|Author Sian Trenberth Photography Ltd|
© 2019 Ballet Cymru: all rights reserved
Reproduced with kind permission of the company
Ballet Cymru (Three Works: Wired to the Moon, Divided We Stand and Celtic Concerto) Pontio Centre, Bangor 30 Nov 2019, 19:30
In my review of 12 Dec 2018, I described Ballet Cymru's Dylan Thomas programme as "the company's best work ever" but I think this year's triple bill was even better. I say that because Dylan Thomas's words as read by Cerys Matthews eclipsed the dance whereas this year the focus was on dance.
The three works that Ballet Cymru could not have been more different: Celtic Concerto, an exquisite classical work by Darius James and Amy Doughty, Patricia Vallis's cotemporary Divided We Stand and Charlotte Edmond's innovative Wired to the Moon. The company performed all three works with flair. Ballet Cymru is undoubtedly a company in the classical tradition but it can shine in other styles as well.
In my preview of Ballet Cymru's appearance in Bangor, I linked to a YouTube film of the company's inaugural performance of Celtic Concerto in Newport in 2013. Readers will appreciate the beauty of Catrin Finch's score, the exuberance of the choreography and the elegance of the costumes and lighting. The women in black tutus and the men in matching leotards. The cast has changed since then with highly talented young recruits like Beau Dillen, Joshua Feist and Oliver Wilkinson-Smith. I first saw that work at Sadler's Wells exactly four years ago. I like it even better now than I did then.
I saw Divided We Stand in Made in Wales on 22 March at the Dance House in Cardiff. That was the end of course performance of the Pre-Professional Programme. If I am not mistaken, Patricia Vallis has added to that work. There is dialogue and real needle in some of the duets. The choreographer trained in Rotterdam and New York which explains why I was put in mind of both NDT and Joffrey by her work. Everyone danced well but there was an exchange between Alex Hallas and Beth Meadway that seemed to express perfectly the message that I drew from the work, namely a new harmony eventually emerges from confrontation. The score was by Henry Purcell that suited the narrative precisely.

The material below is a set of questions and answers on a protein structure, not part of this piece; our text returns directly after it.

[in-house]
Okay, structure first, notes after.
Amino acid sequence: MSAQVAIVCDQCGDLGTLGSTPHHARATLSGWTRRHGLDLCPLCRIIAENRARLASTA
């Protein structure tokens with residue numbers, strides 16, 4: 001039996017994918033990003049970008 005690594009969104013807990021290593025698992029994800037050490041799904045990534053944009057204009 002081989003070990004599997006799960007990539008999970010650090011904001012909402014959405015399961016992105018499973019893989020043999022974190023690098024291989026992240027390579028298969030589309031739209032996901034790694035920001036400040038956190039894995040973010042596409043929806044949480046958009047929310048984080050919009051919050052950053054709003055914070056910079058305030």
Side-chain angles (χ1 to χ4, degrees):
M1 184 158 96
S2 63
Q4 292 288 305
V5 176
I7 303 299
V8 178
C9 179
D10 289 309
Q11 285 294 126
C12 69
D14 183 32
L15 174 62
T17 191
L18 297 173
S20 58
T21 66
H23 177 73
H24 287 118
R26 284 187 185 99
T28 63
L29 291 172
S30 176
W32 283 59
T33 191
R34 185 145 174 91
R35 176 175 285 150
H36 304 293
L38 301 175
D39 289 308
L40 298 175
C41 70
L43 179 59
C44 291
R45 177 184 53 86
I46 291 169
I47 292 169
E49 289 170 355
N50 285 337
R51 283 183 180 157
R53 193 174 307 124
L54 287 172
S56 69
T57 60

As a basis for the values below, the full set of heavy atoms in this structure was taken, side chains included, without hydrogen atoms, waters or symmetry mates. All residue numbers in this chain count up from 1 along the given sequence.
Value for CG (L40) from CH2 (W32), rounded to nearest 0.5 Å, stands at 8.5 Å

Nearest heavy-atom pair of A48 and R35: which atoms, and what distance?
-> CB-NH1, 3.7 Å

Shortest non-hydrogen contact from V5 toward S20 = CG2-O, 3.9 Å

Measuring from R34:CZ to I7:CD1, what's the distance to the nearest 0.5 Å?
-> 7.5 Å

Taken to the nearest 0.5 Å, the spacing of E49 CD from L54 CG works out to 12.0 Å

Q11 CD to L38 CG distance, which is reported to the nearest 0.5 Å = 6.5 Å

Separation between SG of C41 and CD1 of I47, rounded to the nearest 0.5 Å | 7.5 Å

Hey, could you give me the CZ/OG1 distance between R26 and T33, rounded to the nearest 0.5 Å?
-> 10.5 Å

In the programme, Wired to the Moon is said to have been inspired by functioning systems and how they respond to changes in their environment and shows us "how technology is an extension of our world and in this increasingly interconnected works we must exist in balance." Well, maybe. To me, the work seemed to have more in common with tide and beaches. There was a beach on the front page of the programme, some of the artists removed their trousers as if preparing for a swim, white boxes on stage suggested crests of waves or breakwaters. For a while, I was puzzled by the title then I realized that the moon actuates our tides and I suppose that it is a kind of system. Katya Richardson's score was dramatic and Eleanor Bull's designs were thought provoking. The dancing was, of course, superb.
I enjoyed all the elements of the triple bill, perhaps Celtic Concerto and Divided We Stand slightly more than Wired to the Moon because I had seen the first two works before and understood them better. Although the company performed all three works equally well I think Celtic Concerto showed the artists to their best advantage. They are a classical company and it is in that style that they are (in my eyes at least) most beautiful.
I saw the show with a member of staff of M-SParc and her 12-year-old daughter. My guest's daughter had studied ballet for a while but she had previously seen only one live performance. She was thrilled by Ballet Cymru and delighted to meet Darius James, Patricia Vallis and the cast after the show. Several of the dancers asked whether she would like to dance professionally to which she said she would. She told me that she would resume her classes with renewed enthusiasm. She was not the only young student to have been inspired by Ballet Cymru. Just before the performance, pupils from the local schools performed a curtain-raiser in the foyer. I missed most of it but I caught a scene on the balcony and those students were very good. Alex Hallas, who had rehearsed them, told me that quite a few of the children including several boys intended to join local classes.
Most if not all major ballet companies in the UK have associates and outreach programmes but none seems to be as close to their local communities and young people from those communities as Ballet Cymru. When I told Patricia Vallis what my guest's daughter had said to me, she replied: "That is such wonderful news! That is one of the reasons why we do what we do!" It is yet another reason why I love Ballet Cymru so.